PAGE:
A colony of Mayapple plants

My next species of the day was the Mayapple (Podophyllum peltatum).  The flowers of this species are hidden below a pair of large umbrella-like leaves.  It often forms large colonies in wet woodlands.

Mayapple leaved hide the flowers below
Mayapple flower

For more information on this species, please see this profile from May 2013.

Wildflowers of 2016 - #63 Common Mouse-eared Chickweed (Cerastium fontanum)

The next flower is a non-native plant found in fields, lawns, roadsides, and other weedy places.  Common Mouse-ear Chickweed (Cerastium fontanum) is originally from Europe but has been introduced in all fifty states and most of Canada (no records from Nunavut).  Because the flowers of Mouse-ear Chickweed are tiny (less than 1/4 inch across) and the plant grows low to the ground, it is easy to overlook this species.  This year I have been finding it in more widespread locations throughout the park system

Common Mouse-eared Chickweed

Common Mouse-eared Chickweed - note five deeply-divided petals (looks like 10 petals)

Wildflowers of 2016 - #64 Pennsylvania Bitter Cress (Cardamine pensylvanica)

Pennsylvania Bittercress (Cardamine pensylvanica) is the fourth Cardamine species on the 2016 list - the others were #14 Spring Cress (C. bulbosa), #20 Cut-leaved Toothwort (C. concatenata), and #33 Broad-leaved Toothwort (C. diphylla).  Pennsylvania Bittercress is best identified by its leaves.  It has compound leaves, but the separate leaflets often grow together along the stem (especially the three leaflets closest to the end of the leaf).  Like the other three Cardamine species on this list, Pennsylvania Bittercress has small white flowers with four petals.  The flowers of Pennsylvania Bitter Cress measure only about 1/8 inch.

Pennsylvania Bitter Cress - note small four-petaled flowers and compound leaves

This species has been documented in forty-eight states of fifty states (Arizona and Hawaii excepted) and every Canadian province and Territory with the exception of Nunavut)

Wildflowers of 2016 - #65 Foamflower (Tiarella cordifolia)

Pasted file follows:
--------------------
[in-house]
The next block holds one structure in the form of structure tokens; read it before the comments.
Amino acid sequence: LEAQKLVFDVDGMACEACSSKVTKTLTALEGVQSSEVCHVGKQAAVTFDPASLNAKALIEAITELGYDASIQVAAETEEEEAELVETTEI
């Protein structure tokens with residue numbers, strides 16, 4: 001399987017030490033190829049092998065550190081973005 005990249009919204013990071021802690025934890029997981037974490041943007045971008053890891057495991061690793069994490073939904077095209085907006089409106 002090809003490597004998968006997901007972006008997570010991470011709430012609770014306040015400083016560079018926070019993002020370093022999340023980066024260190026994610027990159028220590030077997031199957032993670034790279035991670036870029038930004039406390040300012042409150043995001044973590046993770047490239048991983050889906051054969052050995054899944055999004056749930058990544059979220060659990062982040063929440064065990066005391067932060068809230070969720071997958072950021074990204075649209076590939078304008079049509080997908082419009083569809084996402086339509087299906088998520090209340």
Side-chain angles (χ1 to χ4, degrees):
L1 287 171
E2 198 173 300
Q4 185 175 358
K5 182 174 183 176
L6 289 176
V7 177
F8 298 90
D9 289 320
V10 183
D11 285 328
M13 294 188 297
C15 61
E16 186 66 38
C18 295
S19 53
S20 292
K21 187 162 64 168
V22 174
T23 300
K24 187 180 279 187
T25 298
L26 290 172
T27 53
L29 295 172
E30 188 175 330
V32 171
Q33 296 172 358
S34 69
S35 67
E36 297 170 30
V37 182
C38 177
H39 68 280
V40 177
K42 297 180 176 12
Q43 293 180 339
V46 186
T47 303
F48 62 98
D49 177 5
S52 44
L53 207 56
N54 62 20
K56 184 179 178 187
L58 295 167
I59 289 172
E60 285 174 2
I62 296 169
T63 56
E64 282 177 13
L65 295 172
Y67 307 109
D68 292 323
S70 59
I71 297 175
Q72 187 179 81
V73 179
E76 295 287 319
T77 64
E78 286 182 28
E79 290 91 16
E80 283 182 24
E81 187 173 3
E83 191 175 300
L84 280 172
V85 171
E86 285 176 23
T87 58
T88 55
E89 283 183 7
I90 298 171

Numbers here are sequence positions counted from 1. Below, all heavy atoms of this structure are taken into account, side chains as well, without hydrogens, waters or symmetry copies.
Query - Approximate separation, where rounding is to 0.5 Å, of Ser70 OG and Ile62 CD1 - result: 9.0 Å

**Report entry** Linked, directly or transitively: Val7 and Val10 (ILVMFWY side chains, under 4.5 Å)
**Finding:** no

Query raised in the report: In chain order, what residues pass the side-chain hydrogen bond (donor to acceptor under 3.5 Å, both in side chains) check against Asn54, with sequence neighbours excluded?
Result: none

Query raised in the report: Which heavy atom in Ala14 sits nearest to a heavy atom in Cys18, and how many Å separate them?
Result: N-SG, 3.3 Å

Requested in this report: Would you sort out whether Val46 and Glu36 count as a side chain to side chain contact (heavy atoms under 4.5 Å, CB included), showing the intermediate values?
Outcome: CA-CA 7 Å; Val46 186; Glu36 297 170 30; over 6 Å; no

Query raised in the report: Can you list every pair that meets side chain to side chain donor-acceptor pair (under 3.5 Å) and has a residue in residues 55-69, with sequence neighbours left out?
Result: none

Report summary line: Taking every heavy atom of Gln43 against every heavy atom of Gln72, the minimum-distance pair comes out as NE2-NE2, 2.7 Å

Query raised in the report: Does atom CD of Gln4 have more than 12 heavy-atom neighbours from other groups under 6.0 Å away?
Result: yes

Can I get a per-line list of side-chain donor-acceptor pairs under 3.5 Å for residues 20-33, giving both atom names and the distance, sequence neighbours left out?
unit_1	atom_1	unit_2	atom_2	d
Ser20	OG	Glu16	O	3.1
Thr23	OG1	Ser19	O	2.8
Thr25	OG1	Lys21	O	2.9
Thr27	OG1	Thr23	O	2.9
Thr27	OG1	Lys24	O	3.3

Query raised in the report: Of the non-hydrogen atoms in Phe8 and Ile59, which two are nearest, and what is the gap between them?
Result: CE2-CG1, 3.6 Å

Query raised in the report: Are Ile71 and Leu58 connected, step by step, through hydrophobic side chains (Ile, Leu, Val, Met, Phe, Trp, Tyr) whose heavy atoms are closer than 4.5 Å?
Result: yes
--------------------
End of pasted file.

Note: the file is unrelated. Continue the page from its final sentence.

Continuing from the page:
Some of the flowers on my list have very specific growing conditions.  This means that there are some flowers that I can only find in a few locations in Mt. Pleasant - sometimes only a single location.  My tenth flower of the day was one that I went to Mission Creek specifically to find.  Foamflower (Tiarella cordifolia) is often found in wet areas of deciduous and mixed forests.  In 2014, I found this flower growing in two separate locations in upraised areas within the Red Maple swamp at Mission Creek.  This year, I was only able to find it growing in one location, but I was searching nearly a week earlier so more flowers may still be coming.

Foamflower - note pair of basal leaves and elongated flower cluster

Foamflower is also known as False Mitrewort because its leaves resemble those of Two-leaf Mitrewort.  While the flowers of Two-leaf Mitrewort are arranged singly along a raceme, the blooms of Foamflower are arranged in a cylindrical cluster that rises up from the plants basal leaves.  It is named Foamflower because the flowers long bear long stamen that give the flower a feathery or frothy appearance.

Foamflower - note long stamens that give the flowers a "foamy" appearance

At this point I left the low area of Mission Creek and ascended in the upland portion of the park.

Wildflowers of 2016 - #66 Creeping Charlie (Glechoma hederacea)

It amazes me that I did not record Creeping Charlie (Glechoma hederacea) on my Wildflowers of 2014 list.  Also known as Ground-ivy or Gill-over-the-ground, this European native has naturalized in forty-six states and across the southern tier of Canadian provinces and territories.

Creeping Charlie forms dense colonies in disturbed areas such as lawns

This species prefers disturbed ground.  Once established, it forms a dense carpet that crowds out less aggressive native species.  Plants grow up to 1 foot tall, but are often much shorter.  Flowers on this species are violet-blue to purple in color and tube-shaped.  The species spreads by means of roots.  I found a large colony growing along the side of the park's sledding hill.

Wildflowers of 2016 - #67 White Baneberry (Actaea pachypoda)

White Baneberry (Actaea pachypoda) is one of two Actaea specie to appear on this list - Red Baneberry appeared above at #58.  I have already detailed how to distinguish between the two species.  Like the above species, I am largely basing my identification of this plant on a previous identification of plants in this location.

White Baneberry - flowers will be replaced by white berries with black dots (doll's eyes)

Wildflowers of 2016 - #68 Wood Anemone (Anemone quinquefolia)

Somehow, I almost missed the bloom of Wood Anemone (Anemone quinquefolia).  In fact, I only found one flower and this was missing one of its five petals.

Wood Anemone - a solitary bloom

The quinquefolia part of the scientific name refers to its five-lobed leaves.

Wood Anemone - note leaves with five lobes

Wildflowers of 2016 - #69 Small Pussytoes (Antennaria howellii)

Small Pussytoes prefers dry soil and sunlight
Small Pussytoes - note basal leaves

My final flower of the day was found growing in dry soil at the southern edge of Mission Creek Park. Small Pussytoes (Antennaria howellii) grows from 4 to 16 inches tall and can easily be overlooked.  Its clusters of small furry white or pink flowers resemble little cat's paws - giving the species its name.  It can be found across the northern half of the United States and southern Canada.  In Michigan it has been recorded in all but six counties.

Small Pussytoes - note furry flower clusters